Beijing loyalist Maria Tam tapped for Basic Law Committee promotion: sources
Maria Tam to replace Elsie Leung, former justice minister, as part of reshuffle in committee that advises the central government on Hong Kong’s mini-constitution
Beijing loyalist Maria Tam Wai-chu will be elevated to vice-chairwoman in a committee that advises the central government on Hong Kong’s mini-constitution, taking the place of former justice minister Elsie Leung Oi-sie, sources told the Post.
Her promotion is part of a reshuffle in the 12-member Basic Law Committee, that comes under China’s top legislative body, the National People’s Congress Standing Committee (NPCSC).
The committee gives input on any interpretations or amendments to the Basic Law and will also be consulted if the NPCSC wants to add or delete national laws applicable to Hong Kong in Annex III of the mini-constitution.
Backdating Hong Kong’s national anthem law could be constitutional, Basic Law Committee vice-chairwoman insists
Tam, 72, was a member of the Executive and Legislative Councils when Hong Kong was governed by Britain. In the run-up to the city’s handover to China, she was involved in drafting its new principles of governance under the “one country, two systems” concept and later became a member of the Basic Law Committee, when it was established on July 1, 1997.
But the barrister on Tuesday refused to say if she would replace Leung, who was appointed vice-chairwoman of the committee in 2006.
“I cannot confirm anything, sorry,” Tam said.
Another deputy of the Basic Law committee, Zhang Rongshun, will move to Beijing’s liaison office in Macau. He is known for his tough-talking ways – earlier this year, he said the NPCSC’s approval of a joint checkpoint at Hong Kong terminus of the high-speed rail to the mainland was an “act of state” that Hong Kong courts had “no jurisdiction over”.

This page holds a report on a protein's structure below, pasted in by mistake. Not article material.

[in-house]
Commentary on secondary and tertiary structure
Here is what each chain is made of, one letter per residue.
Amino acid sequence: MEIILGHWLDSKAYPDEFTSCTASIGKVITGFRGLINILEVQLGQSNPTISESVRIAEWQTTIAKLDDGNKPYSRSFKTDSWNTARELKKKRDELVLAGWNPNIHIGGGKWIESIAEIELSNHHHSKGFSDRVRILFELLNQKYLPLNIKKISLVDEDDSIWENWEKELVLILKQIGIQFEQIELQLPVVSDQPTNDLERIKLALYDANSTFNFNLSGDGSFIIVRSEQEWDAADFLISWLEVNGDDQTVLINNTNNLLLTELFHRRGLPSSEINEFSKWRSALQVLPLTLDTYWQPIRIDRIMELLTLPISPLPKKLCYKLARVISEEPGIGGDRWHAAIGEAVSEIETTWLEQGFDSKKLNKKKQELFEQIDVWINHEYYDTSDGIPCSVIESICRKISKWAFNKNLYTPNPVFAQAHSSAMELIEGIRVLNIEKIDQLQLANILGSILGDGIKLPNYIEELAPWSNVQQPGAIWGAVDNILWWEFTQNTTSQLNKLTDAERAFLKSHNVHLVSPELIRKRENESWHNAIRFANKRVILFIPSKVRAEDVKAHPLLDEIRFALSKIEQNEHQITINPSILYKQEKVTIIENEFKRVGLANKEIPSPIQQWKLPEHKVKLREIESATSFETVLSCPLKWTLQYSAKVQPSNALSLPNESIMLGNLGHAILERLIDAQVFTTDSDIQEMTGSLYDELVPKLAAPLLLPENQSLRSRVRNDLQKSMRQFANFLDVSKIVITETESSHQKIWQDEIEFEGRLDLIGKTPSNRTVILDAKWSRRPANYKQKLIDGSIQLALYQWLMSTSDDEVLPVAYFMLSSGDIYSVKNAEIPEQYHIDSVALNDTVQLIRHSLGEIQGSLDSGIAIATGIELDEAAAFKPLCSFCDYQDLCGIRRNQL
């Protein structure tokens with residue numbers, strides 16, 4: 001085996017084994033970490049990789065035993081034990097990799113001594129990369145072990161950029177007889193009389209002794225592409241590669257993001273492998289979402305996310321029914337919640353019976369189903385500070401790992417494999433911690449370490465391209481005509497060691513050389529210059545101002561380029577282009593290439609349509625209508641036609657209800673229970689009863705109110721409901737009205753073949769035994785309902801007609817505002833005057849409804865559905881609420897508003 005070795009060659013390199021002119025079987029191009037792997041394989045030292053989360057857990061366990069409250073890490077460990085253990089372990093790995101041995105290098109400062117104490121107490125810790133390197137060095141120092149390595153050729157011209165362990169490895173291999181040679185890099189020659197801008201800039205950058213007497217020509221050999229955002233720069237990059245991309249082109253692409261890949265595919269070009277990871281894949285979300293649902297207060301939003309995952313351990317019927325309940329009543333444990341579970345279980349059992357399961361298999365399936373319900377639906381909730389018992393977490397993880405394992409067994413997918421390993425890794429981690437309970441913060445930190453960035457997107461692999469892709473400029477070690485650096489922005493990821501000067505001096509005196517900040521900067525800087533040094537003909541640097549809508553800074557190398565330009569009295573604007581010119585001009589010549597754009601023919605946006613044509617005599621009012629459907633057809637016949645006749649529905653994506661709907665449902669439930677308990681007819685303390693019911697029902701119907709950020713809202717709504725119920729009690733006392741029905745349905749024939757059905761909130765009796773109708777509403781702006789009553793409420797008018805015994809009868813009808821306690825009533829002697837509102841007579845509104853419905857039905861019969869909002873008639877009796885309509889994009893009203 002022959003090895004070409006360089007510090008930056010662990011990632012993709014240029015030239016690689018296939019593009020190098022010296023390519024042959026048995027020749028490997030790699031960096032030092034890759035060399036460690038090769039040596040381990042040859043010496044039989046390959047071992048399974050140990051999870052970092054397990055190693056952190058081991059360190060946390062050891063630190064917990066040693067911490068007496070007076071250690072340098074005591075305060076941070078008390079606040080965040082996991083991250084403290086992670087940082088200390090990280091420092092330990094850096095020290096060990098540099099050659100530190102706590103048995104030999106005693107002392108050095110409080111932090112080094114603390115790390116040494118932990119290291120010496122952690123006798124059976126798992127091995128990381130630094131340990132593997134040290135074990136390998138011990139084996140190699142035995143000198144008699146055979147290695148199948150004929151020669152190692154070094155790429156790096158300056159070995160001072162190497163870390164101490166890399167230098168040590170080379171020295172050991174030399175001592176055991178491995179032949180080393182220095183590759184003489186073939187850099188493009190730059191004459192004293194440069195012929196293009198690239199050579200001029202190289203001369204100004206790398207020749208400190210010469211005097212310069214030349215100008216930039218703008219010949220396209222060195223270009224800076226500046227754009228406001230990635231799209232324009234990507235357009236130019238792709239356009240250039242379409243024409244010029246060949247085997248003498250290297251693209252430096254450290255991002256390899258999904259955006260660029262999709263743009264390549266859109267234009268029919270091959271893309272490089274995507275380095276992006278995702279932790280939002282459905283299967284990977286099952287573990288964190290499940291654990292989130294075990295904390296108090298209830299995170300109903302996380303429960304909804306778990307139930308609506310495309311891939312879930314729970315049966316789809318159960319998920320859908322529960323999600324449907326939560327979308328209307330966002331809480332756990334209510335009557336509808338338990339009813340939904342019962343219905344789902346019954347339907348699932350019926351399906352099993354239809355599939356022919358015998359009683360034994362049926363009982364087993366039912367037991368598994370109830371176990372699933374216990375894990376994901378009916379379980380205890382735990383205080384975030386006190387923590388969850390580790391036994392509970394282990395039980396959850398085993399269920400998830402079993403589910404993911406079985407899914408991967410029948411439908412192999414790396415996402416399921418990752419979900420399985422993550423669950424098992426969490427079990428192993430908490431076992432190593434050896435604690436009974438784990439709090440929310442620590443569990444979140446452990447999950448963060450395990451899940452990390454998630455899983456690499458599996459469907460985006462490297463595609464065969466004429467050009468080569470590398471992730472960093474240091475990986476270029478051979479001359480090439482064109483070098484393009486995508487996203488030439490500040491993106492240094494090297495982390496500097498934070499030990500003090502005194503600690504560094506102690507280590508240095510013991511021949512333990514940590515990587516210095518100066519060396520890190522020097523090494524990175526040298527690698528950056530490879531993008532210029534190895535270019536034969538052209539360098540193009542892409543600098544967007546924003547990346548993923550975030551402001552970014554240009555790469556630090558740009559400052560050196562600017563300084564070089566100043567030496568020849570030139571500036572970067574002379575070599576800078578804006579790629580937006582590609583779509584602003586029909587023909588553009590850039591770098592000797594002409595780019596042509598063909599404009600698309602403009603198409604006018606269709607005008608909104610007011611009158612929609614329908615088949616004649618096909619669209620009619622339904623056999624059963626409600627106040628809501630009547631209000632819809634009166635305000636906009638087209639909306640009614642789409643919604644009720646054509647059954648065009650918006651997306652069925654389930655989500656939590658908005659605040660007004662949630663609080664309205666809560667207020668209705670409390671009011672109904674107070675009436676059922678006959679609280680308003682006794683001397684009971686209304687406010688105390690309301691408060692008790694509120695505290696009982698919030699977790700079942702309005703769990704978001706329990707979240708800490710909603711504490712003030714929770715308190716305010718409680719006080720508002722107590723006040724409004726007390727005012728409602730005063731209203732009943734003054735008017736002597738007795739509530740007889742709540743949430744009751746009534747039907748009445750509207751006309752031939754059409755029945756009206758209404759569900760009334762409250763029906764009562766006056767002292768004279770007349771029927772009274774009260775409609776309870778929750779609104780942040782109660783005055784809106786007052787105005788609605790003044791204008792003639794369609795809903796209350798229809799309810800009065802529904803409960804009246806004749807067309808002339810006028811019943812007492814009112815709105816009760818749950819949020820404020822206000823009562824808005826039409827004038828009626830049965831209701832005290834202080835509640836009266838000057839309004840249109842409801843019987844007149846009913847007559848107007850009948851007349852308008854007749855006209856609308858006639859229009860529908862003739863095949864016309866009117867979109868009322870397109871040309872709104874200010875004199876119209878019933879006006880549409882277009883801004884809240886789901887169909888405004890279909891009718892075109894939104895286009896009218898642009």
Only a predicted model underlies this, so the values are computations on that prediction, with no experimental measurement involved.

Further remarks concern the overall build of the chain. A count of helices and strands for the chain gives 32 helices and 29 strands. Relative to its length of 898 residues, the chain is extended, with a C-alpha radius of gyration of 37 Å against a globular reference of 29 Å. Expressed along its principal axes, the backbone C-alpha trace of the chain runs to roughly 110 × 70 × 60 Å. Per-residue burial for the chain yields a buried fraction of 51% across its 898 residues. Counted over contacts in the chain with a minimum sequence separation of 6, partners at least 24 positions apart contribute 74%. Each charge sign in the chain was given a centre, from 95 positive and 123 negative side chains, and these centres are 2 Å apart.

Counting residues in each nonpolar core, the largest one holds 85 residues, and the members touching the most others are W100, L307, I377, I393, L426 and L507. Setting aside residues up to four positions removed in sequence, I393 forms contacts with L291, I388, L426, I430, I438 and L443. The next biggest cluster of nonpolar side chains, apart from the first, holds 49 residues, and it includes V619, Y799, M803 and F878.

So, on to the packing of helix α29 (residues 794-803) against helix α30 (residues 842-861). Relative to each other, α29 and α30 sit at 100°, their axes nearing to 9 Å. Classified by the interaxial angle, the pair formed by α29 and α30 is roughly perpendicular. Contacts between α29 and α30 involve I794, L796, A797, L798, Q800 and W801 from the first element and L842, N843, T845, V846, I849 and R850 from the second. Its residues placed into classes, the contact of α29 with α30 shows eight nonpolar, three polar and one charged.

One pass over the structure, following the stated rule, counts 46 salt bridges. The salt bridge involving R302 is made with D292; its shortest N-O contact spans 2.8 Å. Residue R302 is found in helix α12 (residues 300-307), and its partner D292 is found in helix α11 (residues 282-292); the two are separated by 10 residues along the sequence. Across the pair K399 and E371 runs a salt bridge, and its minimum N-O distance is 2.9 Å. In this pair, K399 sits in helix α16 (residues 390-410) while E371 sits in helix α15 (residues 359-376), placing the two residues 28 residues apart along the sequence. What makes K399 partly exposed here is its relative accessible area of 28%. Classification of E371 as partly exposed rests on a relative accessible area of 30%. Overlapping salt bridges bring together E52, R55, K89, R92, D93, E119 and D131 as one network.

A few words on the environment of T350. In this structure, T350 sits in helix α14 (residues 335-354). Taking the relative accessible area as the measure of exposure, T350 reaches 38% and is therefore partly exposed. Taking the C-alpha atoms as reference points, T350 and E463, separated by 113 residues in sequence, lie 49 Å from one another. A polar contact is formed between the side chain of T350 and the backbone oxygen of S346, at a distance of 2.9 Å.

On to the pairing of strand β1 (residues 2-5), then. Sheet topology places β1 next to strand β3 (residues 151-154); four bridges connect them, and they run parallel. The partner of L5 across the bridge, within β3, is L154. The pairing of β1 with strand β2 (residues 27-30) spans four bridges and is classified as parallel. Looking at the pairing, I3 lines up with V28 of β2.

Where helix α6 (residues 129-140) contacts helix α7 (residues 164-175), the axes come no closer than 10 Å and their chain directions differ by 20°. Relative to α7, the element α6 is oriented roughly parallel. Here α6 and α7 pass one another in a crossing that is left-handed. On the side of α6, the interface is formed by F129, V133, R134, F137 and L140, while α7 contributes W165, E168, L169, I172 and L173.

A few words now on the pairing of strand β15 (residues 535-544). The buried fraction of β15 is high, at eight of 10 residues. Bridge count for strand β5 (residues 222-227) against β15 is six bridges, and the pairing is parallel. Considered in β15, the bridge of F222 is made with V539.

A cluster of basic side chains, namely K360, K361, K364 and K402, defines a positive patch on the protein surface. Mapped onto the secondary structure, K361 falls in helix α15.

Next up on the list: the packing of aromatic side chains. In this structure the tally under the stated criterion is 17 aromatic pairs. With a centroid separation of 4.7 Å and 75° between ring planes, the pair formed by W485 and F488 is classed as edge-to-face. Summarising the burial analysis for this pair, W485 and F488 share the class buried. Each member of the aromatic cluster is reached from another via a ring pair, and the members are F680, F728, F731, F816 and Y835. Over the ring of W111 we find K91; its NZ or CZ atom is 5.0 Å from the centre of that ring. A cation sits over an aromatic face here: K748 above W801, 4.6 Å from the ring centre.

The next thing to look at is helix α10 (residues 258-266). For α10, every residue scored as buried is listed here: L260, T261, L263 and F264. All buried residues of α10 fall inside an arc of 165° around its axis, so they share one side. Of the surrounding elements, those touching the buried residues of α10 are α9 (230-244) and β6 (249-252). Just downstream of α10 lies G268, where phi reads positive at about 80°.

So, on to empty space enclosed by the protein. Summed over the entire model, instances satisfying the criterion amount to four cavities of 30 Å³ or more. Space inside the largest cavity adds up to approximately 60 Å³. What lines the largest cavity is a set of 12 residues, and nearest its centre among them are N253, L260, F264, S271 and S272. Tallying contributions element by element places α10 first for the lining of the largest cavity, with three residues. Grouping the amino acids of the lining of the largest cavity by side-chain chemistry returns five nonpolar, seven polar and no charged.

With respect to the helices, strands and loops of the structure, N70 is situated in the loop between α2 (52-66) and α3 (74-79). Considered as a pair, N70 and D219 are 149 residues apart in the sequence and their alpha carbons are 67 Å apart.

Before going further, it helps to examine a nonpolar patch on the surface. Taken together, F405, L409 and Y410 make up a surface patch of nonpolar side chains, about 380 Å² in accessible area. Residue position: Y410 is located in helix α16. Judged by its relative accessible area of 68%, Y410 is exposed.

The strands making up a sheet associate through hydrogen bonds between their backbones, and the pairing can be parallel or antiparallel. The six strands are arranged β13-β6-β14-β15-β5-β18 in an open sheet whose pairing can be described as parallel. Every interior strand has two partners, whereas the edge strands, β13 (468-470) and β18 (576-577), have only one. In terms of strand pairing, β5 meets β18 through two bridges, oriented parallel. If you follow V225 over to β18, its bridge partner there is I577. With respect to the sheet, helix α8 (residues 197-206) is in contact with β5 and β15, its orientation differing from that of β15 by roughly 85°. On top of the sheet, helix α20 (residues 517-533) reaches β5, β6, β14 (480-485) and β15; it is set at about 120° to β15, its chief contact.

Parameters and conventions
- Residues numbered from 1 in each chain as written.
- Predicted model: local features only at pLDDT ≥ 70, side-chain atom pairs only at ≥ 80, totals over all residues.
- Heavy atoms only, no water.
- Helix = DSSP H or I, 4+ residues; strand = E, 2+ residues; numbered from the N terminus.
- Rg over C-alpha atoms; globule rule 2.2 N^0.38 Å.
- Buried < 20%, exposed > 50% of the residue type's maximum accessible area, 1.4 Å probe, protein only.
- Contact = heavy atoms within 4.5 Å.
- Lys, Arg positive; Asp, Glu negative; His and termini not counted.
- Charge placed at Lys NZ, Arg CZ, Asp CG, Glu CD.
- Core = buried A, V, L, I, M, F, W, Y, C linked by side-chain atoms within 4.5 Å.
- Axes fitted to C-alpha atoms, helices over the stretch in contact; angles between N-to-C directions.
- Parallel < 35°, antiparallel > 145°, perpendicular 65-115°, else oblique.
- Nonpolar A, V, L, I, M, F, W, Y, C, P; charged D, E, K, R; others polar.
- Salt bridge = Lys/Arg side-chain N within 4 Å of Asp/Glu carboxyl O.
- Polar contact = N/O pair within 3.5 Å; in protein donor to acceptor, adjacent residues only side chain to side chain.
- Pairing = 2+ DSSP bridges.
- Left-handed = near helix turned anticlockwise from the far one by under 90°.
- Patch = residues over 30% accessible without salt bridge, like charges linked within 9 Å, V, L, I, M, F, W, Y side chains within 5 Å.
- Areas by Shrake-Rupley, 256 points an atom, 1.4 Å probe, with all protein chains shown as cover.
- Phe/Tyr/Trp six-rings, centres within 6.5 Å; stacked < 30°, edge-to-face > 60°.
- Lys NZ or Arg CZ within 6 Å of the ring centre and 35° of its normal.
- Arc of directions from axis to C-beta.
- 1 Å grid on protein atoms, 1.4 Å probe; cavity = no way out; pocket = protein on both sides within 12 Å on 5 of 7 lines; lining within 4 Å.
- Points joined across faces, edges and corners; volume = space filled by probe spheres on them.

In 2016, he was quoted as telling a delegation that Beijing would respond with “guns and cannons” to any push for independence in the city.
Zhang Rongshun’s place will be taken by Zhang Yong, who is a vice-chairman of the NPCSC’s Legislative Affairs Commission.
Pro-establishment lawmaker Priscilla Leung Mei-fun, a City University law professor, will also be appointed to the Basic Law committee.
Veteran China watcher Johnny Lau Yui-siu said Tam’s promotion was a “sensible” choice given her experience, though he believed anyone sitting on the post would only “give nods to whatever Beijing says”.
On Zhang Rongshun’s move, Lau said: “Zhang is not a legal expert but he can be said to be a hardliner … Beijing is probably of the view that the Hong Kong political work is now largely under control and there is no need to install a hardliner in the Basic Law Committee.”
Professor Lau Siu-kai, vice-chairman of the semi-official think tank, the Chinese Association of Hong Kong and Macau Studies, however warned against “overly interpreting” what he considered “usual personnel arrangements”.
“Beijing’s Hong Kong policy has been decided by President Xi Jinping. We did see former Beijing liaison office head Zhang Xiaoming being transferred to head the State Council’s Hong Kong and Macau Affairs Office, and former Macau liaison chief Wang Zhimin coming to succeed Zhang.
“But so far, we have not seen any major change of the central government’s Hong Kong policy,” Lau said.
The NPCSC began one of its regular meetings on Tuesday and will discuss and endorse the appointments on Friday, sources said.